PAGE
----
to which the employee is entitled. 3. regardless of whether the employee is working. An employer that is paying TTD may also file a 19(b) petition. a party may petition for an emergency hearing. as long as it keeps providing medical and/or TTD benefits. pool may file a 19(b) petition. Neither the employee nor the employer is entitled to a 19(b) hearing if the employee has returned to work and the only benefit in dispute amounts to less than 12 weeks of TTD. stating the amount of benefits. doctors’ depositions. or c) the employee starts work of any kind. An employee who claims to be owed medical or compensation benefits may file a 19(b) petition. or group w. Once everything is ready for trial. a decision will be issued within 180 days of the date the Petition for Review was filed. if either lost-time benefits or medical bills are unpaid. By the time everything is ready for trial. An employee who claims to be unable to work as the result of an injury and who is not receiving medical benefits or TTD may file a 19(b-1) petition to obtain a quick ruling on the medical care and/or TTD issues. a decision will be issued within 180 days. the arbitrator will schedule a trial within the month that the parties request it. as long as it keeps paying TTD until: a) the arbitrator rules on the petition. it is not uncommon for one to two years have passed. if any. If there is a dispute about the insurance coverage for a case. the arbitrator will issue a decision within 60 days. b) the worker’s medical provider releases him or her back to regular work. After the trial. Is there a way to get a quicker decision if there is an emergency? Yes. 14 .c. Under Section 19(b).prepare the case for trial by obtaining medical records. private self-insured employer. but it should be noted that there are many technical requirements to this process. Under Section 19(b-1). an insurance carrier. and other paperwork.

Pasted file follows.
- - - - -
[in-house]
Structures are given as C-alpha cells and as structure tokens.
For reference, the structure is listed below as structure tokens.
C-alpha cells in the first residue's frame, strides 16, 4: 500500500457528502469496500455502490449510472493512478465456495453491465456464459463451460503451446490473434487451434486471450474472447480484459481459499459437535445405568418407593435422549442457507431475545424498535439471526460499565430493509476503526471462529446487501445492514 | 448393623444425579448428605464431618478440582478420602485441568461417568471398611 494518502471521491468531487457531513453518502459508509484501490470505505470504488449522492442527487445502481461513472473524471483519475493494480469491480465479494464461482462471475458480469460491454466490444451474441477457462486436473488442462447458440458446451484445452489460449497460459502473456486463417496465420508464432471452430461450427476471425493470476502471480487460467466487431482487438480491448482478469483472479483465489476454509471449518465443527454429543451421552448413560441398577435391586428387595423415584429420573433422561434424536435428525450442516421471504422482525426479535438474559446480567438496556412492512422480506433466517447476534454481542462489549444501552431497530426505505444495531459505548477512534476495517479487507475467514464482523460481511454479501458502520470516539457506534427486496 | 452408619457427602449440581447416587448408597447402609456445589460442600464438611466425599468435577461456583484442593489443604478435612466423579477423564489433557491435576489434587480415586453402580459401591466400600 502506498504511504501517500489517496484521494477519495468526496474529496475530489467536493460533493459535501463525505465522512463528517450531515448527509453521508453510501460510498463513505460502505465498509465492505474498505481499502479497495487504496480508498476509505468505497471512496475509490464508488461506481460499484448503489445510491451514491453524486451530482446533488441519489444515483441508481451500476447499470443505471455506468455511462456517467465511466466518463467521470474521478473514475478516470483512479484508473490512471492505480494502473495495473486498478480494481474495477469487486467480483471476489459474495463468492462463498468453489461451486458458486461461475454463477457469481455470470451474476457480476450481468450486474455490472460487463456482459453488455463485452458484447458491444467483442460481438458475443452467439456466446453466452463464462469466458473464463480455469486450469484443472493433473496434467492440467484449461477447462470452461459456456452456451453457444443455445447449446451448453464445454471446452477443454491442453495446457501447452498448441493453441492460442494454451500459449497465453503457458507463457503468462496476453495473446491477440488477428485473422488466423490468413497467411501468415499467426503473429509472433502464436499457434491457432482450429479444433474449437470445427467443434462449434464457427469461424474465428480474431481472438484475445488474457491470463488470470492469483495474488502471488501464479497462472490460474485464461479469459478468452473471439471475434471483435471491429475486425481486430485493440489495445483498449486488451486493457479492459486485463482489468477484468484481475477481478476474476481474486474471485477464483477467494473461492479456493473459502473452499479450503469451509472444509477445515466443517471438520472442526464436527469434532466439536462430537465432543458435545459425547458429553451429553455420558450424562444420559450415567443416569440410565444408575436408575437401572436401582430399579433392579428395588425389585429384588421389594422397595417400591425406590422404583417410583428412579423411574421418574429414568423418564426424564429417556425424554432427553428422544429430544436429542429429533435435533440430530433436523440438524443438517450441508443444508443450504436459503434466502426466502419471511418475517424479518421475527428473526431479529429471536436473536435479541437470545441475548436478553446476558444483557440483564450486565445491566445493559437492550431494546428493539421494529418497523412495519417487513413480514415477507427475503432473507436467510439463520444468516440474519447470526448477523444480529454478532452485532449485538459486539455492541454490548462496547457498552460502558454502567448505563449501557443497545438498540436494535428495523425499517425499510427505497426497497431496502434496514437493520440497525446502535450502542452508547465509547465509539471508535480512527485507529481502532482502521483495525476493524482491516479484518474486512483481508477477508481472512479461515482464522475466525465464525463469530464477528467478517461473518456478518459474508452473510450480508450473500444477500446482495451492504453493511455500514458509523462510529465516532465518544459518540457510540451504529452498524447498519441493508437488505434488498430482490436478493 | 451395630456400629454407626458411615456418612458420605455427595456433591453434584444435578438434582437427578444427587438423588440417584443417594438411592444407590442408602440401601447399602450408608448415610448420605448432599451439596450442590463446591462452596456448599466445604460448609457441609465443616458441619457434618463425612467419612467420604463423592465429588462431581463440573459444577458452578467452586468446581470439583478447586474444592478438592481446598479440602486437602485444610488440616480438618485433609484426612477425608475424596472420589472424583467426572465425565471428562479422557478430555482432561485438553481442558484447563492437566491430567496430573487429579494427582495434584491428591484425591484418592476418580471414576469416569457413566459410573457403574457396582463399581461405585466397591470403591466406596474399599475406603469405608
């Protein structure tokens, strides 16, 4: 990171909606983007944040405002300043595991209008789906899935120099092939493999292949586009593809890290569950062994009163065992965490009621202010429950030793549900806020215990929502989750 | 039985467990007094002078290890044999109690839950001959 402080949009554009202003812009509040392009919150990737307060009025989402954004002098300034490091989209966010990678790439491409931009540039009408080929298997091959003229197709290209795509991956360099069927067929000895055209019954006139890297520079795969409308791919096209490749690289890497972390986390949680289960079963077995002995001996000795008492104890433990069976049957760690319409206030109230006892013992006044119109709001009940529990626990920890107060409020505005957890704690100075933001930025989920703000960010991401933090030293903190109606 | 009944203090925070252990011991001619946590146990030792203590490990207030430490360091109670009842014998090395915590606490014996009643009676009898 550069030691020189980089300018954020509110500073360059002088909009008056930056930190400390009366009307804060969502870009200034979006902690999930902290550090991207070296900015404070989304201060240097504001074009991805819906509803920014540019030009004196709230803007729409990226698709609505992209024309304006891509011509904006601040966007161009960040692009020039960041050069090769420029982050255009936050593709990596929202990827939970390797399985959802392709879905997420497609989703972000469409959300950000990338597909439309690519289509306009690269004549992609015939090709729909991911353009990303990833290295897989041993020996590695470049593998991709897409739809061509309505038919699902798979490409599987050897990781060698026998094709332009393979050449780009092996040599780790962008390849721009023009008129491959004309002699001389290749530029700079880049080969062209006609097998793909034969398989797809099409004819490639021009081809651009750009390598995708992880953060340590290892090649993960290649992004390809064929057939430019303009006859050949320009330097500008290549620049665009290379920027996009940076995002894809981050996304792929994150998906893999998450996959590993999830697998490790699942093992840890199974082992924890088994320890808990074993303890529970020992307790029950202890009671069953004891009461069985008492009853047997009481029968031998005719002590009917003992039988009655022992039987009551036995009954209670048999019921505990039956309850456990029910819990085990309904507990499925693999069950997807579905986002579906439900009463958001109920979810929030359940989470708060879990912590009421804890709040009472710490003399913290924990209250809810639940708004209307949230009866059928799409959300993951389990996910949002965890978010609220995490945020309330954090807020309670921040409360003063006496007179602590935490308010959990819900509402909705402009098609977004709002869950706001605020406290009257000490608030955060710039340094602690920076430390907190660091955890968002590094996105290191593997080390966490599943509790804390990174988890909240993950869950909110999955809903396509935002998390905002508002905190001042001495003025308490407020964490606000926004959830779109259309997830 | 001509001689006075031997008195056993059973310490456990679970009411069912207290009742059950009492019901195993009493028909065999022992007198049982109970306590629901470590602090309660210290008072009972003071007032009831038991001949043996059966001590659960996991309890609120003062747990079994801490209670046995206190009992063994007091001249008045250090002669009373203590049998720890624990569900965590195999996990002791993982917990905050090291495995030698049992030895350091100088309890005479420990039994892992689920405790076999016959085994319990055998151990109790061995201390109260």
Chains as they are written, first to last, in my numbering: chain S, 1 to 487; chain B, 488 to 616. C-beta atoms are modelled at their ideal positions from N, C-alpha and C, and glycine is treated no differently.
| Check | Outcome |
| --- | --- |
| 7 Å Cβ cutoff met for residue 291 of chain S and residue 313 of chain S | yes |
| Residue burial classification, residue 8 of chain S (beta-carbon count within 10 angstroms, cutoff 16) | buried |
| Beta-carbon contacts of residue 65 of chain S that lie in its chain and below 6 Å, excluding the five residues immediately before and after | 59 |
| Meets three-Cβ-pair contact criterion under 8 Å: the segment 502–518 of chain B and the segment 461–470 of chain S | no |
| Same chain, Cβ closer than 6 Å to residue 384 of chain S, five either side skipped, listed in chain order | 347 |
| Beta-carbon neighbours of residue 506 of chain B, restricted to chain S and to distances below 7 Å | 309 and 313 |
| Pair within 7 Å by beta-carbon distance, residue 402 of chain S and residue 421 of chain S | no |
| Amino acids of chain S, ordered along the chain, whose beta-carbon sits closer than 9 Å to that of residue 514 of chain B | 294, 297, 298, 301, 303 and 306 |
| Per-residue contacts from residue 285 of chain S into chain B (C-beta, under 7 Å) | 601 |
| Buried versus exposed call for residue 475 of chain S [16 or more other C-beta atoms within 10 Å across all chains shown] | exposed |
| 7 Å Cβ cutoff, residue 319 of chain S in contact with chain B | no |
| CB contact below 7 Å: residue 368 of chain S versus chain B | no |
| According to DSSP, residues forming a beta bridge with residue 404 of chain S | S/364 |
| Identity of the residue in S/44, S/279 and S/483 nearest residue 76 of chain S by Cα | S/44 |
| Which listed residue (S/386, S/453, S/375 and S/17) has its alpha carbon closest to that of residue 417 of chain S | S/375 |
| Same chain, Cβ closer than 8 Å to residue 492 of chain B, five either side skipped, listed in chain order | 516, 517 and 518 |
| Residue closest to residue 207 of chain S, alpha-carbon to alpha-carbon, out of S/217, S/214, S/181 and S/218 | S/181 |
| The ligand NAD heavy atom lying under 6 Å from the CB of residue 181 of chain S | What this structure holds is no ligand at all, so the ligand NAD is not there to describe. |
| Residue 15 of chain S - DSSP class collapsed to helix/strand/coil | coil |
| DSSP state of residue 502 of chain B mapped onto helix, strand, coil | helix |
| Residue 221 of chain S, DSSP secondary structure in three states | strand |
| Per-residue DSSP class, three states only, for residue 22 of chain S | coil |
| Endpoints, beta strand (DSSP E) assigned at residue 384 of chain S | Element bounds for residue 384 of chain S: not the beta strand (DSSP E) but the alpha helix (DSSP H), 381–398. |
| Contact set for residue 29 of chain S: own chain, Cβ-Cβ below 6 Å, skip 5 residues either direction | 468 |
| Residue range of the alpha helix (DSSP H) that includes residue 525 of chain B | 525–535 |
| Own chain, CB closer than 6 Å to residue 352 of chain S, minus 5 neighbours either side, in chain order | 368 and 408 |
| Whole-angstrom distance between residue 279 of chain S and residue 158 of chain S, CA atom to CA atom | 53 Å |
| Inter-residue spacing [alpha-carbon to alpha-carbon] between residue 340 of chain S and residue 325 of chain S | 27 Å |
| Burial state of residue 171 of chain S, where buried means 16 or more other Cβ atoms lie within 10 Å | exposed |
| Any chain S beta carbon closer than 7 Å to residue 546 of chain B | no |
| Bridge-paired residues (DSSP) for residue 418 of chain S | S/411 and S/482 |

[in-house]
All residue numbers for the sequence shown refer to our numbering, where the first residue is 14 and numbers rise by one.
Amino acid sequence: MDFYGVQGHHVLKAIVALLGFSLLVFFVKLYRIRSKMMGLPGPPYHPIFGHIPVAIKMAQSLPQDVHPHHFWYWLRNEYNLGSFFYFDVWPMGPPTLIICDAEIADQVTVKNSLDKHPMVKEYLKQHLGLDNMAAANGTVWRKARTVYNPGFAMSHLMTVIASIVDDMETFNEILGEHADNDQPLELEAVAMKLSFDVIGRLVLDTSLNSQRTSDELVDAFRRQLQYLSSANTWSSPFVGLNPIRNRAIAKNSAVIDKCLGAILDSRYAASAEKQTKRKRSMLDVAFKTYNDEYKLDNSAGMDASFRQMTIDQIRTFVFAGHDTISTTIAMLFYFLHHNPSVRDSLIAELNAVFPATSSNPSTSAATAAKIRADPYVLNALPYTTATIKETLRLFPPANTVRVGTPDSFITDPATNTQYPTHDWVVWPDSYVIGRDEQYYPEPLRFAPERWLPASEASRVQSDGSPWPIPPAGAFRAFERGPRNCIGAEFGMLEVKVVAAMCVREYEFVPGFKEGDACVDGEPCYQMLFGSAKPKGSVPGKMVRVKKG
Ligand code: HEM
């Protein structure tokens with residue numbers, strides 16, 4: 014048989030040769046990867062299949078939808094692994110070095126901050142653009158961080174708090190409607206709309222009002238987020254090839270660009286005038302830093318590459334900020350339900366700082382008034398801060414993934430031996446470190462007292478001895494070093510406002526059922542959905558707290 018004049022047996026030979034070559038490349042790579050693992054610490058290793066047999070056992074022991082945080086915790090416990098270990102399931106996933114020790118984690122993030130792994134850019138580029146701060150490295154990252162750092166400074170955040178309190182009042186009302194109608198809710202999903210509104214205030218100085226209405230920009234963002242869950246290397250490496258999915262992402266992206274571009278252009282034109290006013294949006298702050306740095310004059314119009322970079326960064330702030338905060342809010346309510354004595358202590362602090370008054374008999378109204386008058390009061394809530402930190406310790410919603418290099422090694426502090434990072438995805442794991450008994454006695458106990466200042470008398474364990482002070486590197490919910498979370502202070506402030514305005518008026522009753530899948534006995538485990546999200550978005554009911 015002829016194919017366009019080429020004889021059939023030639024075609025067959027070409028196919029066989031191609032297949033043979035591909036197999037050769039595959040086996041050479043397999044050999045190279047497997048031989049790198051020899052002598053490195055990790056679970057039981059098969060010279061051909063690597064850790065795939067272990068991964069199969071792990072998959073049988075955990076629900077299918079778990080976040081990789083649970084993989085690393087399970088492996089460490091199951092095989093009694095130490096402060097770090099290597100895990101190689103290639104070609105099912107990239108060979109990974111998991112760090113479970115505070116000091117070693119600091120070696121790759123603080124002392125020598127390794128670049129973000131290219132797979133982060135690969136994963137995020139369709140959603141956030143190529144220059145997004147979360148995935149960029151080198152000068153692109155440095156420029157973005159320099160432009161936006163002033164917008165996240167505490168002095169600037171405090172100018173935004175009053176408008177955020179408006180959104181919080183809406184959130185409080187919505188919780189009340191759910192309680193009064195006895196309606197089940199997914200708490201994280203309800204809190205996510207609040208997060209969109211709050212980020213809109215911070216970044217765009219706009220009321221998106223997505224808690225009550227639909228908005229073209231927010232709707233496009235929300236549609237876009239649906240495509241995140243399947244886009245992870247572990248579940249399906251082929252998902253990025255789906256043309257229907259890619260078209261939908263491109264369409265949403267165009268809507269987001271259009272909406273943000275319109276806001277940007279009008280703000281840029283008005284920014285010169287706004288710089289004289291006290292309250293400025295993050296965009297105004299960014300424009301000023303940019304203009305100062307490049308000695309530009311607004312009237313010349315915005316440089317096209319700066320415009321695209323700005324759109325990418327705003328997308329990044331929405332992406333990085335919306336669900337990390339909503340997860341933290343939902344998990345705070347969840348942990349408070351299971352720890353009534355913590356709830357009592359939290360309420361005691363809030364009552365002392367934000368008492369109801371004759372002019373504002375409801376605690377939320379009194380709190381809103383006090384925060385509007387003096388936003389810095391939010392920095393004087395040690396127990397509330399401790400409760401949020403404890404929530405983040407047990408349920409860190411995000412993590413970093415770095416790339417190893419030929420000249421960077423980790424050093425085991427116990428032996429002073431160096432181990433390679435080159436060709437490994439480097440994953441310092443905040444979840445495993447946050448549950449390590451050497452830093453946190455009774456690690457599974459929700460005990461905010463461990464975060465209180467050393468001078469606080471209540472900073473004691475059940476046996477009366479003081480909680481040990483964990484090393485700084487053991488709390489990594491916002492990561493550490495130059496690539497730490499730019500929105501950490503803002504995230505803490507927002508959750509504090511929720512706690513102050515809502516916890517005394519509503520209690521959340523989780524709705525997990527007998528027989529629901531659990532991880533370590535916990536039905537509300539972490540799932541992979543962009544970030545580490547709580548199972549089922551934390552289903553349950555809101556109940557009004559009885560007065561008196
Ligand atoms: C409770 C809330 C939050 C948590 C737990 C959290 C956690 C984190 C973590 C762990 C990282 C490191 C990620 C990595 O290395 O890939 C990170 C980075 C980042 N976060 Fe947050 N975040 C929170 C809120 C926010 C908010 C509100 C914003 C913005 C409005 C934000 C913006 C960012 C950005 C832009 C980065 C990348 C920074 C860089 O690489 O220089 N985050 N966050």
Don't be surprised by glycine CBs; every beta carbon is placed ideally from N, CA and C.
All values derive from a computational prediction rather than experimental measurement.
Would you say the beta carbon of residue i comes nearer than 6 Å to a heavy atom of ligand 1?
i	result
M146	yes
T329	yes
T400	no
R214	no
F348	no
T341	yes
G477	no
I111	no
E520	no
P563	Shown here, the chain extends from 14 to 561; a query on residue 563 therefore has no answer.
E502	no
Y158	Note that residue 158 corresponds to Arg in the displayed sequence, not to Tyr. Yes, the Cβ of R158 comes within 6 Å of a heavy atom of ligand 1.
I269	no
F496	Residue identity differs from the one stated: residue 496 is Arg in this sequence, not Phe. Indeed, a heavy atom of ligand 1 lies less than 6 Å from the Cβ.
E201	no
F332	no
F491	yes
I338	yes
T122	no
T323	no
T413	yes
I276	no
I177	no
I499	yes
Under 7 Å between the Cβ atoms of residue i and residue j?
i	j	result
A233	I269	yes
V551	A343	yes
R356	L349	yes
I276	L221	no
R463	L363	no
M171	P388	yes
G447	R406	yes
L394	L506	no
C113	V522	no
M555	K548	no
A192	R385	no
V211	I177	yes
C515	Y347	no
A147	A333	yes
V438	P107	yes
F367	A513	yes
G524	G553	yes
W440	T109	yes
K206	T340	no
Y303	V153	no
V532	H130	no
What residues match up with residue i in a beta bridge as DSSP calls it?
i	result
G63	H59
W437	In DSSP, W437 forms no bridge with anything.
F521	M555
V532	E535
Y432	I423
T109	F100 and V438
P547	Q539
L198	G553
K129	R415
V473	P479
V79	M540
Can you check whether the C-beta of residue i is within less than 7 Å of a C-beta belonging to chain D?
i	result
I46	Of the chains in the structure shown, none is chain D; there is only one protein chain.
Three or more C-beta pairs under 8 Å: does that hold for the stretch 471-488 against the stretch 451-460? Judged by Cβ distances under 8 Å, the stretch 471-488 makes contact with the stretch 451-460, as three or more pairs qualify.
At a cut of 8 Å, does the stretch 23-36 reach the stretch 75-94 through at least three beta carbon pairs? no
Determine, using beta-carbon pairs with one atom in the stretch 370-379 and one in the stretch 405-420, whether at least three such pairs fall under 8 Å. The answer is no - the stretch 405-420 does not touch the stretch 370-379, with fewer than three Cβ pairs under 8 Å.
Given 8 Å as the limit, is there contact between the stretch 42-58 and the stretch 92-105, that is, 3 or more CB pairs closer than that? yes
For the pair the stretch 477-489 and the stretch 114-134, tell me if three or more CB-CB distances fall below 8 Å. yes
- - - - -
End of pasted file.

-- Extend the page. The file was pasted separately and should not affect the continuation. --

On average. Within 60 days of that hearing. such as the degree of permanent disability. the employer does not have to pay the benefits awarded by the arbitrator. the Appellate Court. The Commission will then conduct a hearing (called an oral argument) at which the parties may present a brief. the employee avoids the risk of getting no compensation or less than is provided in the settlement. cases are resolved quicker by settlement than by trial. 4. a settlement is approved 1 1/2 years after a claim is filed. 5. If the case is ultimately resolved completely in the worker’s favor. based on governmental bond rates at the time of the decision. If the employer and employee reach agreement. and the employer avoids the risk of paying more. A chart at the end of this chapter illustrates the process. Usually. and in some cases. most cases are resolved through a compromise settlement between the parties. either party may appeal to the Circuit Court. By settling a case. Is there any other way to resolve disputes? As in other court systems. Commission decisions are final for cases involving employees of the State of Illinois. the case will go back on the arbitration call to resolve other issues in dispute. interest will be added to the award. as well as the evidence and transcript of the trial. There is also a 1% per month interest charge on medical bills. A settlement is a contract between the employee and the employer to close a claim in exchange for an agreed-upon amount of money. 5-10 minute argument for their position. once the issues contained in the emergency process are decided. While an appeal is pending. they should write down the terms of their agreement on the Commission’s Settlement Contract form and present it for approval to the arbitrator assigned to 15 . the Commission will issue its decision.In both cases. payable to the medical provider. to the Illinois Supreme Court. In all other cases. Both sides may submit written arguments to the Commission. Is it possible to appeal the arbitrator’s decision? Yes. The employee and the employer each have the right to appeal a decision if dissatisfied. A panel of three commissioners (usually called the Commission) will review the arbitrator’s decision.